My day began early. Crazy early. 7:30 am early. You may not think that particularly early, but I normally get up at noon, so for me, it was early. I prepared for the day, and left the house bundled up in layers, ready for any weather. I literally had no idea as to the nature of the event what I was about to attend, and wanted to be prepared.
I arrived at Gary and Laura's promptly at 8 am. I met up with Gary and Laura, their son Dax, and our friends Chris and Alex. Our two car caravan was off, stopping only to pick up one more friend of Laura's along the way. We didn't have time to stop for coffee, so as you can imagine, my mood was one of hopeful anticipation mixed with ... well, whatever that feeling is you get when you hadn't had your morning coffee. Ah well, I thought. I wanted a Tim Hortons coffee, but sometimes you just don't get what you want.
We arrived at the lodge, which I can best describe as a really large tent. But instead of interlocking plastic poles and nylon strings, the frame was constructed of hand-hewn wood. The walls of the structure were made of tarp, overlapping to keep out most of the weather, yet open at the top, and with the occasional gap to keep the air fresh and pleasant.
Almost immediately, I was made welcome by our hosts, and offered a cup of .... Tim Hortons coffee. The universe provides. That first sip was bliss. We were made welcome and took our seats on a bench along the southern-most wall. I know it was the southern-most wall because Gary informed me that the entrance to a lodge always faces east.
A fire was burning in the center of the lodge, housed carefully in a deep circular pit. Despite the early-morning November chill the lodge was comfortably warm, yet the air circulated well and was never stuffy, smokey or uncomfortable. I noticed at the edge of the pit closest to the entrance there was what appeared to be a small shrine, consisting of a small stone, a hand-carved horse and a small sprinkling of tobacco.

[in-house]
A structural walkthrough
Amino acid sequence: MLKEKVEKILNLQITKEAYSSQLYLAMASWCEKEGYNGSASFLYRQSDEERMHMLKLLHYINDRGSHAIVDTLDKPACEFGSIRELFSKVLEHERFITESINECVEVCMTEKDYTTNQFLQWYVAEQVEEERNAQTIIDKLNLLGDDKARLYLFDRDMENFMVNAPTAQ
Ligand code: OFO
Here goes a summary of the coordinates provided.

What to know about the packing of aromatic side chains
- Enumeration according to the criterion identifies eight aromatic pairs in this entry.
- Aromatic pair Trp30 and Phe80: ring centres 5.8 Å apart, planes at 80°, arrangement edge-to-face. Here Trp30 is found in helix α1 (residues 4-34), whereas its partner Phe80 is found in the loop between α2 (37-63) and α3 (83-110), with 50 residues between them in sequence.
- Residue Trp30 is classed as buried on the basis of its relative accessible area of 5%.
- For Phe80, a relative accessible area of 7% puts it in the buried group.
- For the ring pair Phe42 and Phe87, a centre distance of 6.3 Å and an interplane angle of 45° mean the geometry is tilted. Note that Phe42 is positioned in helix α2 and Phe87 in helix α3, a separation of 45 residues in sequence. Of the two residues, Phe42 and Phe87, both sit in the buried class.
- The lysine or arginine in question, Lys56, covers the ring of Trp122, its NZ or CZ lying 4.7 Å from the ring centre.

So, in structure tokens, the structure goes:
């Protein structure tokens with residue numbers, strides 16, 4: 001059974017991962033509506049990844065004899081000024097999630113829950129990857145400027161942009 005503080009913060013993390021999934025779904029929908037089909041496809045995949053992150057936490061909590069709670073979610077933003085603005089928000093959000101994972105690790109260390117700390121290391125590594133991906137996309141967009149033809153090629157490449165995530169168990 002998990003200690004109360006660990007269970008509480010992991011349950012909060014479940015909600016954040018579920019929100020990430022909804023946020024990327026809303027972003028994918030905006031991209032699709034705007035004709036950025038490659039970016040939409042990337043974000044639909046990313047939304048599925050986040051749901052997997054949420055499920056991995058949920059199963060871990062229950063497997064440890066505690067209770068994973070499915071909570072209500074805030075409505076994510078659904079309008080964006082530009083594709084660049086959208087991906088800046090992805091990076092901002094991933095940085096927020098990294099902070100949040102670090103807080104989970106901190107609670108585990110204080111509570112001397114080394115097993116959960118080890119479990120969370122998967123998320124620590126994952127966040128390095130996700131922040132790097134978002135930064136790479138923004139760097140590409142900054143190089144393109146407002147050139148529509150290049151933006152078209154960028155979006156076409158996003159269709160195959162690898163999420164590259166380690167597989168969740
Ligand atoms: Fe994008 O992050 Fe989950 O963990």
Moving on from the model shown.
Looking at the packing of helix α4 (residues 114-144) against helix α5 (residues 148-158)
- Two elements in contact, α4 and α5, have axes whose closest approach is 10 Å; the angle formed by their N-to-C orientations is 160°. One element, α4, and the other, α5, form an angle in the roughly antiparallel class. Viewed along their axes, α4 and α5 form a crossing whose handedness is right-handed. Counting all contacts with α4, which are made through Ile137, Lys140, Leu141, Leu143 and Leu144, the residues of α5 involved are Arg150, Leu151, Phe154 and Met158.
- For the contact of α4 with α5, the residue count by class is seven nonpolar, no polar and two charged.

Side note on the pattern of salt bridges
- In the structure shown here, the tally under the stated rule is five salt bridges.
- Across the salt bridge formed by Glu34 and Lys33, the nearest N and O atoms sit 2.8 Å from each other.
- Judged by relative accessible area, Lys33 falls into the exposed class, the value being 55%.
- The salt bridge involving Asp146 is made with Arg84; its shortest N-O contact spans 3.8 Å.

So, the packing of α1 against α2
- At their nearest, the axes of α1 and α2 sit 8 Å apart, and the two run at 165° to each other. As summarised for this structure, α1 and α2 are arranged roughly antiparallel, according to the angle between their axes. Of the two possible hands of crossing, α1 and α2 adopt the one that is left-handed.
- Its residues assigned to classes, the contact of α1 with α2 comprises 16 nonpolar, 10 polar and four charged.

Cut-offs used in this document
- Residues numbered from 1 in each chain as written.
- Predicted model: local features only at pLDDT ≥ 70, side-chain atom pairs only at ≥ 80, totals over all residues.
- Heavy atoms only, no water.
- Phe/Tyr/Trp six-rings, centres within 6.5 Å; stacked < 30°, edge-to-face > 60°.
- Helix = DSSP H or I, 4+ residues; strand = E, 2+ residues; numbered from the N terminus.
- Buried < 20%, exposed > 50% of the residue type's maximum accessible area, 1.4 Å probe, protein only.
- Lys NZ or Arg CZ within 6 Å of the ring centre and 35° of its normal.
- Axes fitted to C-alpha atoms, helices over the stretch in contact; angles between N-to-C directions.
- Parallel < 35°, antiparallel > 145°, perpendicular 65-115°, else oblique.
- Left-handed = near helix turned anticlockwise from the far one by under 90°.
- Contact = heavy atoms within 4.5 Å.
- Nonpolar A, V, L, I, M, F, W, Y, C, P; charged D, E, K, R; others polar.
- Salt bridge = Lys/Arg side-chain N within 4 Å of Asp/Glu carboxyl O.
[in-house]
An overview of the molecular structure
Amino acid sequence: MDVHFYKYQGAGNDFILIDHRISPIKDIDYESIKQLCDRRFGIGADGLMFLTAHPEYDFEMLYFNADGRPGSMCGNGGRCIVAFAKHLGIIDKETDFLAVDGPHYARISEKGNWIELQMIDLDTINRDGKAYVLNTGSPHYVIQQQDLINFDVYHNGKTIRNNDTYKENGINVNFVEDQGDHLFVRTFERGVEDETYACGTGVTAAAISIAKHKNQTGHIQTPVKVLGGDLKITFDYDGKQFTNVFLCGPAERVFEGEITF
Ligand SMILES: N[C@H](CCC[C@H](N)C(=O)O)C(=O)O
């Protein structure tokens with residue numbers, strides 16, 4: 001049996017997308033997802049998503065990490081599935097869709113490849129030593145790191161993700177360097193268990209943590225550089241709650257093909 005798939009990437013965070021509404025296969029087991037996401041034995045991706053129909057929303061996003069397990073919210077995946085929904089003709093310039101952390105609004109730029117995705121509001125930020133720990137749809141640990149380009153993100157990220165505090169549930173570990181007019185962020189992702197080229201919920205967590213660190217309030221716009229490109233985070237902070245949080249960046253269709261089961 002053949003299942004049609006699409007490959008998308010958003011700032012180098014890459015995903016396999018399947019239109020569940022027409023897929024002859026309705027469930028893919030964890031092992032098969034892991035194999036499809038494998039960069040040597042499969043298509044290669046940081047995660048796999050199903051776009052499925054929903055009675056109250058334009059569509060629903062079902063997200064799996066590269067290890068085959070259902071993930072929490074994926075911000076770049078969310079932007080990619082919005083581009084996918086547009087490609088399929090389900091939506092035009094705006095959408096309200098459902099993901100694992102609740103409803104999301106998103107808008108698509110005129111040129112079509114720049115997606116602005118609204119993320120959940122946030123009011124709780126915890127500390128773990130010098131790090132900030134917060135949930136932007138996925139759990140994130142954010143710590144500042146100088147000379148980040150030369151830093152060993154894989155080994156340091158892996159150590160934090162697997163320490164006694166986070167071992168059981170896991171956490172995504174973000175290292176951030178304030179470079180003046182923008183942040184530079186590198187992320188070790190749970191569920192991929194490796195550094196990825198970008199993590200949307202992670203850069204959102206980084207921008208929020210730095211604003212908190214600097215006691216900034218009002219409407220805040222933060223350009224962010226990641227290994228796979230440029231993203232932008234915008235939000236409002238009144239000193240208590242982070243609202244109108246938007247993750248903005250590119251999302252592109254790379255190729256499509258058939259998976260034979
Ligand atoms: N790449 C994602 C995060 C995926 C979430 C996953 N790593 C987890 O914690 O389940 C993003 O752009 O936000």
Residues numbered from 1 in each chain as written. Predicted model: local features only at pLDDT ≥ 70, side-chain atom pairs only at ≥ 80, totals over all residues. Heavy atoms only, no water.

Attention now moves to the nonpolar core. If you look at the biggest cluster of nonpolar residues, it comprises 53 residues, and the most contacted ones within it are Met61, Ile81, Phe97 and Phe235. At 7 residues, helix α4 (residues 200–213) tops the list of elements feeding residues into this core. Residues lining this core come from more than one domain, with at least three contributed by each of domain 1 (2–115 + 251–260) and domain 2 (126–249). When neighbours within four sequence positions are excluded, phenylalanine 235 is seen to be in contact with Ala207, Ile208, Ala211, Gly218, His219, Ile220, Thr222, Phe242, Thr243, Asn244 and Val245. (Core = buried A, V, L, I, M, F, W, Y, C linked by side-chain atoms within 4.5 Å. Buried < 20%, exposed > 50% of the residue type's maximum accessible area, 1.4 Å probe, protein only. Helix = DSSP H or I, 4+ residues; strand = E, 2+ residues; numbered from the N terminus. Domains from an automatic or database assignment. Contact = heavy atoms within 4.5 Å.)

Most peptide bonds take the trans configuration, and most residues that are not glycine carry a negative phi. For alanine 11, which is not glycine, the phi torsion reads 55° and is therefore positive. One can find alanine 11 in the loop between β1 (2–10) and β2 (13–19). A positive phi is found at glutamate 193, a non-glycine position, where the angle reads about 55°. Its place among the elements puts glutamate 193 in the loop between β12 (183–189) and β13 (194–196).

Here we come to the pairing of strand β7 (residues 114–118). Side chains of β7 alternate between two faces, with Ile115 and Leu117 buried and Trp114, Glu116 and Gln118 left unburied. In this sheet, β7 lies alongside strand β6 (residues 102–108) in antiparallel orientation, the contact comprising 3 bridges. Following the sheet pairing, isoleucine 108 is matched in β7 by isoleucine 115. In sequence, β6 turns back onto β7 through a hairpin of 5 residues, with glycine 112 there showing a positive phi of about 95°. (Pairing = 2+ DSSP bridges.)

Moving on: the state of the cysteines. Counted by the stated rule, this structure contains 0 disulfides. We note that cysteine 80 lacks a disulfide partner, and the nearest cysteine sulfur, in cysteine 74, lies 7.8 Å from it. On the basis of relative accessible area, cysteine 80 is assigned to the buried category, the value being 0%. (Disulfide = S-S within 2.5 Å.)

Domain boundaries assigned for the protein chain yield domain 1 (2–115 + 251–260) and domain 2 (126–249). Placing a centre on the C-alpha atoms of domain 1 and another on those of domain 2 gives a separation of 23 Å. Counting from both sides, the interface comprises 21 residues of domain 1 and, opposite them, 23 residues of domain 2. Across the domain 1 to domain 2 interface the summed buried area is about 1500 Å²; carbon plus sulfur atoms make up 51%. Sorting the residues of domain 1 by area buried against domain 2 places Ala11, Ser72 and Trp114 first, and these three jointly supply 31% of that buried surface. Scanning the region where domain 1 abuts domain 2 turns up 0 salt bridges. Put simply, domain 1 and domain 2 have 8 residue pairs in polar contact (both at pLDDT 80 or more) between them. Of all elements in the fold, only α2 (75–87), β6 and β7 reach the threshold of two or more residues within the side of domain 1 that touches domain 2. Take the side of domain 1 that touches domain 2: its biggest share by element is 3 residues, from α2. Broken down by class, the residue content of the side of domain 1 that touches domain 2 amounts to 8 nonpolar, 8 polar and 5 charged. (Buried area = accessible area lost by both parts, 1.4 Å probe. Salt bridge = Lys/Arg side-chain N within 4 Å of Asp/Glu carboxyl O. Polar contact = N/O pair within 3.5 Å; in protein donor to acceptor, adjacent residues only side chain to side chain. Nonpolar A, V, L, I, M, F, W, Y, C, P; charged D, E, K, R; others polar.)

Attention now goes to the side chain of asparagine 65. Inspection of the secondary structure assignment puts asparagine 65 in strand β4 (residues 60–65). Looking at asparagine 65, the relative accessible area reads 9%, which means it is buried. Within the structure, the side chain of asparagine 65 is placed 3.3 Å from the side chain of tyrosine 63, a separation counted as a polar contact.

There's no point in trying to describe the ceremony itself. I'm not that clever, and it's something to be experienced, not described. I have written and deleted this same sentence seventeen times in a row, trying to capture the essence of the ceremony, but it's pointless. All I can do is record my impressions.
The people. The people were welcoming, gracious, kind, polite, loving, caring, and above all - at least to me - exhibited a gentle yet irresistible sense of humour. There were a few moments of natural levity during the ceremony, culminating in a slight "slip" towards the end, that had everyone in tears of laughter. Even the gentleman beating the drum and leading the singing skipped a beat or two as he joined in. No one was embarrassed. No one was upset. The moment was accepted for what it was - a part of the natural flow of the ceremony.
|The inspirational Josephine Mandamin|
After the ceremony was over, we walked across the street to a local recreation center for more information about Josephine and her works. There, I discovered that there would be a man from a reptile conservation center with a wide selection of animals to display; snakes, geckos, tarantulas, and even a large tortoise.
It was one of those days where things kept getting better and better. After enjoying Josephine's stories, and watching the kids handle constrictors and monitor lizards (and even checking out a few myself - having a tarantula in your hands is cool!) I discovered that they were going to feed us lunch. Soup, sandwiches, wraps, very delicious!
Then there were door prizes. Wait ... what? Door prizes? You invite me to attend your sacred ceremonies, you teach me, you entertain me, you feed me, and now you're giving away prizes? For FREE? This doesn't seem like a viable business model!
Because it's not. It wasn't about business. I'm still not 100% sure what it was about, but to me, the day was about unity over strife. Friendship over distrust. Shared laughter over shame. Sharing what you can, taking what you need, giving that which is needed.
It was a good day for me.